# Why don't fuzzballs collapse?

1. May 22, 2012

### brooknorton

I've read that string theory suggests that black holes may be stringy fuzzballs without a singularity at the center. Instead, strings pile up all the way to the event horizon. My understanding of non-stringy black holes is that the gravitational compressive force overcomes all known repulsive forces (such as electrostatic repulsion between particles) and so the compressed matter collapses with nothing stopping an indefinitely denser collapse, resulting in a sigularity at the black hole center. Now the fuzzball conjecture posits a stringy ball that extends to the event horizon. My question is, why don't the strings collapse to a singularity, just like non-stringy matter does? Don't the strings have the same mass and gravitational effect as their non-stringy counterpart-particles (eg - a neutron represented by a string, or as a particle/wave, still has the same mass and gravitational attraction)? Don't stringy particles have the same repulsive forces as their non-stringy counterparts? What allows a fuzzball to build matter to the event horizon without collapse?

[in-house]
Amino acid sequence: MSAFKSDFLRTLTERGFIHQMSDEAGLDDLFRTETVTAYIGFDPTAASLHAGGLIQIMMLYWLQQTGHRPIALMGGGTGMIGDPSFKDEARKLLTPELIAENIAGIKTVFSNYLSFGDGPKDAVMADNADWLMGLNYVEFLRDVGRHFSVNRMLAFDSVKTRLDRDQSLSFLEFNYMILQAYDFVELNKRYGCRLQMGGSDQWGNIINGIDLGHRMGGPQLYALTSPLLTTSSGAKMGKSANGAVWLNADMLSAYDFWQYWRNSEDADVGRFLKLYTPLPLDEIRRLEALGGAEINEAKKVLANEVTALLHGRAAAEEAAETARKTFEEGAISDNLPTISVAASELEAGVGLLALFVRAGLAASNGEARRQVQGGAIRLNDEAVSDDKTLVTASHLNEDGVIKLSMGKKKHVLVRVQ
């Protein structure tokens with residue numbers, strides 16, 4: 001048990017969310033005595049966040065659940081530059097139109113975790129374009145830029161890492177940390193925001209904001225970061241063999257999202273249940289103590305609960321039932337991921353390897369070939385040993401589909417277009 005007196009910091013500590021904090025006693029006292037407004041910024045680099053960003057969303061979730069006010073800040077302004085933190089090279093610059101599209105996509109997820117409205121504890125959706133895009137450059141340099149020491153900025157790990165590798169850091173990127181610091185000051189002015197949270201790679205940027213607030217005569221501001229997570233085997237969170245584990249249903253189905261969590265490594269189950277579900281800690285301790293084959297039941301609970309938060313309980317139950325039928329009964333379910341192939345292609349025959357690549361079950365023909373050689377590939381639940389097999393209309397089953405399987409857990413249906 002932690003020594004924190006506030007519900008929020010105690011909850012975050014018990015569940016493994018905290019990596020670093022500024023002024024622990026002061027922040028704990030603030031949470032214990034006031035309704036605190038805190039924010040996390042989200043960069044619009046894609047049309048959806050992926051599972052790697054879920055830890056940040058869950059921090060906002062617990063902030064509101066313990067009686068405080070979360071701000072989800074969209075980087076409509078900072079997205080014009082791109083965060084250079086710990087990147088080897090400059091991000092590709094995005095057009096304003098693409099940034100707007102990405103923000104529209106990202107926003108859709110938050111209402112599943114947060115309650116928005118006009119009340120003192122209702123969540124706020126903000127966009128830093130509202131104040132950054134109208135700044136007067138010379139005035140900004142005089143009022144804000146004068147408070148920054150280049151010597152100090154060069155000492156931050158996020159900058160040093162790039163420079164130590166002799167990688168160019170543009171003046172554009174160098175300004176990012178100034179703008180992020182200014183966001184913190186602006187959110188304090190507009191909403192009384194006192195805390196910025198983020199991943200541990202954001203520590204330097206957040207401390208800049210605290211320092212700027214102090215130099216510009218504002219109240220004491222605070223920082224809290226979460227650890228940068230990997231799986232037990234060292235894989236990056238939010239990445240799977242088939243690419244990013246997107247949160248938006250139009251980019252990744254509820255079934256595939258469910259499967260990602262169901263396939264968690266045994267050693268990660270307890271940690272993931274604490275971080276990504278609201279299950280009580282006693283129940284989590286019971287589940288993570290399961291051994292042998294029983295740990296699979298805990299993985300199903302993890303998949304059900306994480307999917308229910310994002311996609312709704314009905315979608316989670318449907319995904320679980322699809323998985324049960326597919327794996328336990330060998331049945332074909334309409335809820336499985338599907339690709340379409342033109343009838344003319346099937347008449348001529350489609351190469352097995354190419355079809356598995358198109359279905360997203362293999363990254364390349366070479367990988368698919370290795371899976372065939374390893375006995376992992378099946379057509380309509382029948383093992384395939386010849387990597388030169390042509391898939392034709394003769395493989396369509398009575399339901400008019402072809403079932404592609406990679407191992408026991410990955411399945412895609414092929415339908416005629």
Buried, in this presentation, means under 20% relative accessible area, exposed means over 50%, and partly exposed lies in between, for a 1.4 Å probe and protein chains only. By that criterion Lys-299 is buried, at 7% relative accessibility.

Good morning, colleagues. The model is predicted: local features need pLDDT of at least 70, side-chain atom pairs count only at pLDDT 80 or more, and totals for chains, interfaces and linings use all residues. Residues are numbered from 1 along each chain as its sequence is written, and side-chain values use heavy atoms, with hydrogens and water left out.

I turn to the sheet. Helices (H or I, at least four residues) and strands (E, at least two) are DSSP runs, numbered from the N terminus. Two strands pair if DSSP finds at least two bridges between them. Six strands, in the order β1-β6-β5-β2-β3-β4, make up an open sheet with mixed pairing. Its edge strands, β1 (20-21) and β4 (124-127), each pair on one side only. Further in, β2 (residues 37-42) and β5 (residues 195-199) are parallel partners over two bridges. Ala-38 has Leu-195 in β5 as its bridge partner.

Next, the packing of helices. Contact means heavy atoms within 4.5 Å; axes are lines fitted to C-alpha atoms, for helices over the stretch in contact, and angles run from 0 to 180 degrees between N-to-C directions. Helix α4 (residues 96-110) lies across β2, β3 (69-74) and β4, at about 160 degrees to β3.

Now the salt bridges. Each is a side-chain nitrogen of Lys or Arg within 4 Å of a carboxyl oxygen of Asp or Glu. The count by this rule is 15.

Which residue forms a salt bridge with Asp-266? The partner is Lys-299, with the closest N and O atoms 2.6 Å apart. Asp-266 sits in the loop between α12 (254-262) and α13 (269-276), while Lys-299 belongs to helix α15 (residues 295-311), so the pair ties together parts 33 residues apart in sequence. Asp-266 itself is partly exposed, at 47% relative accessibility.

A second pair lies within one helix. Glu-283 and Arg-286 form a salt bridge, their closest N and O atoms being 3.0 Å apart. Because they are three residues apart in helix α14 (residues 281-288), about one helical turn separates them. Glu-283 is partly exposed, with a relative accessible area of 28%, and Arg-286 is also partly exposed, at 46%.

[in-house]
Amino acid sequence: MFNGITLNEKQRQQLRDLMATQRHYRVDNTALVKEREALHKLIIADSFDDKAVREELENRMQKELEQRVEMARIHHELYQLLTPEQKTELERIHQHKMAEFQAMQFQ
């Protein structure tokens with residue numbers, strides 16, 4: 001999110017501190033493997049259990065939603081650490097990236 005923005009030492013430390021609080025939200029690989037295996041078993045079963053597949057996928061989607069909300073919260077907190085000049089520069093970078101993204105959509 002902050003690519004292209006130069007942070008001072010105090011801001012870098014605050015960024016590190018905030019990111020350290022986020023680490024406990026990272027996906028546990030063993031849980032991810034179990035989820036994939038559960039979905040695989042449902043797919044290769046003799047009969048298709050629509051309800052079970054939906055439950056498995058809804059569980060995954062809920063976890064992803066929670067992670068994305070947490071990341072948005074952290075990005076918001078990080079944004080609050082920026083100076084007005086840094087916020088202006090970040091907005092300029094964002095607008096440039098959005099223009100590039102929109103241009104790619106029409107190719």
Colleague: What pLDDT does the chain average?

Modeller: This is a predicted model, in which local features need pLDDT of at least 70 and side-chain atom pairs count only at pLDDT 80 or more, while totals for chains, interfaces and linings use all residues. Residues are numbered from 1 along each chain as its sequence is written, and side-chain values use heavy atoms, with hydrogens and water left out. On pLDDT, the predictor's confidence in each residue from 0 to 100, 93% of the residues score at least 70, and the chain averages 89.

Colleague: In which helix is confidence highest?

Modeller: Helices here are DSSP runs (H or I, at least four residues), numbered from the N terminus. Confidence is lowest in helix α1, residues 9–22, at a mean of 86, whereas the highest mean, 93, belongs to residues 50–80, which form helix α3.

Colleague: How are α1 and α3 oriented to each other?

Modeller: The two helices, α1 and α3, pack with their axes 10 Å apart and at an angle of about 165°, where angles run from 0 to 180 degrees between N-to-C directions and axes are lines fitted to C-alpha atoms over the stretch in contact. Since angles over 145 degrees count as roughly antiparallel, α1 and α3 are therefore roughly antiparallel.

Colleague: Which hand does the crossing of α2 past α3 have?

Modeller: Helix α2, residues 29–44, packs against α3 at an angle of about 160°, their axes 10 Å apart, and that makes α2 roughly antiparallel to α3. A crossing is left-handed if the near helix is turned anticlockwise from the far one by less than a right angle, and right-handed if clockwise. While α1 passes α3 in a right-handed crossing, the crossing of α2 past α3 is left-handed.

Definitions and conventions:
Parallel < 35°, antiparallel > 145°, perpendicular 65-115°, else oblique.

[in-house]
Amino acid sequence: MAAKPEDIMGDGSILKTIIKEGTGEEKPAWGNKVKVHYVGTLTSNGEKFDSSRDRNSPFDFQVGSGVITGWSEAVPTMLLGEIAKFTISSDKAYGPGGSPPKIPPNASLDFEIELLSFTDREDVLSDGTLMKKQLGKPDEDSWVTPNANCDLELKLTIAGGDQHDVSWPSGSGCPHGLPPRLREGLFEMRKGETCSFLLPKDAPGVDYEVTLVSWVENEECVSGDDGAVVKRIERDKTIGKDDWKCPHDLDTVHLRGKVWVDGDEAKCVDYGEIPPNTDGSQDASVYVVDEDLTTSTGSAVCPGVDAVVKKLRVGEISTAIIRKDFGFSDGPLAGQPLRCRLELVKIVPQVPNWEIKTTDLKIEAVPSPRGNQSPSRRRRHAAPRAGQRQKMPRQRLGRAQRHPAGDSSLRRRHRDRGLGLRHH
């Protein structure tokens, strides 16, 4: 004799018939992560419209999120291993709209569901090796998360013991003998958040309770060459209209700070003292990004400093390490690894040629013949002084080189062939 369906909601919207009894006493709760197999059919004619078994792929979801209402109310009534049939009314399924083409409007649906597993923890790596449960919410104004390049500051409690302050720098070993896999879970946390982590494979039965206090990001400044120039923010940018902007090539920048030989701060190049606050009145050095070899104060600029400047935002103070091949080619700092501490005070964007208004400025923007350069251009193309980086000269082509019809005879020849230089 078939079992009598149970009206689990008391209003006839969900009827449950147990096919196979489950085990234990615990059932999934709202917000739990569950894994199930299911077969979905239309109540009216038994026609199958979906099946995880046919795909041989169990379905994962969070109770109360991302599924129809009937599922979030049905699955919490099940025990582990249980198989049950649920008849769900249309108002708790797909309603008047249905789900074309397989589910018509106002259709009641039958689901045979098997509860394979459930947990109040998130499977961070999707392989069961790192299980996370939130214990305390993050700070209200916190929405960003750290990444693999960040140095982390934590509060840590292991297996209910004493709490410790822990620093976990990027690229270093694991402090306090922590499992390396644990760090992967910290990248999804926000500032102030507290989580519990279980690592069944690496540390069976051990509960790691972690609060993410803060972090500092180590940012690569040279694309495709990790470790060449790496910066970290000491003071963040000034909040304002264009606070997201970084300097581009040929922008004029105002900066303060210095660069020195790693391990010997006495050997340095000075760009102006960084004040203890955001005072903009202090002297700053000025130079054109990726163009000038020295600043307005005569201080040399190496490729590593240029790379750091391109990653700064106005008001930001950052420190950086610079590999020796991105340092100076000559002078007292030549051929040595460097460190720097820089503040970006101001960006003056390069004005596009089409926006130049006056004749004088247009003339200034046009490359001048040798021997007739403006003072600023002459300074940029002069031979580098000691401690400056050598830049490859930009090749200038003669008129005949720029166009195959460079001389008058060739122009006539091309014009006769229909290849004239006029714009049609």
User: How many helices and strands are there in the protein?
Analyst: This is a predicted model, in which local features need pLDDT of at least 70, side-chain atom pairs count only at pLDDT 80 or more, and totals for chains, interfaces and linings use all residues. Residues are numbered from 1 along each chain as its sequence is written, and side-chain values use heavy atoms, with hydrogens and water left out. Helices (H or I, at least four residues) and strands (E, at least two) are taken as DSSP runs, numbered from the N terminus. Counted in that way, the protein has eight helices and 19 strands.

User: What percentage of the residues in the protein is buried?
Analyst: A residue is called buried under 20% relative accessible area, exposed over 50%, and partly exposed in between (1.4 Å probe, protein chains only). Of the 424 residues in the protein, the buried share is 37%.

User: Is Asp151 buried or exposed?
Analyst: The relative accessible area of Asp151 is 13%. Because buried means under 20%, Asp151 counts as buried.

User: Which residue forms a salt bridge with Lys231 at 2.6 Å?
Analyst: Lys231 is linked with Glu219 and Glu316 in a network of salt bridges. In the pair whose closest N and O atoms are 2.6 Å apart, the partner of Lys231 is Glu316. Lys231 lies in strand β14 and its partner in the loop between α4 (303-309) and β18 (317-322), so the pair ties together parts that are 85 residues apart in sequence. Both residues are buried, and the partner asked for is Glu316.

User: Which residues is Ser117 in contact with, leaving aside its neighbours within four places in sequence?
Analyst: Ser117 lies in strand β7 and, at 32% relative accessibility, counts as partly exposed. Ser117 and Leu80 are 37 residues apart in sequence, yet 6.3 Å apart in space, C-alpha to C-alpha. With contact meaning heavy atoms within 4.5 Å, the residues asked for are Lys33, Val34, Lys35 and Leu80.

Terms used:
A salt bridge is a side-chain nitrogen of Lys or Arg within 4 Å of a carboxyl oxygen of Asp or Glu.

2. May 23, 2012

### atyy

Apparently, there is no traditional horizon in the fuzzball picture.

Mathur, The information paradox: A pedagogical introduction: "Why doesn’t the energy of the Schwarzschild hole all fall into the origin at r = 0? Consider the simpler case of a single string in flat space. It would seem that a string in the shape of a circle must shrink to a point under its tension so there should be no extended string states. But of course we can get extended states: the string profile is not circularly symmetric, and while each segment of the string is indeed trying to shrink, the whole exited string maintains a nonzero size in its evolution. Similarly, the nonextremal microstates are not spherically symmetric, and they cannot be sliced in a time independent manner. Each part of the geometry is dynamical, and the whole structure maintains a nontrivial structure without generating a traditional horizon."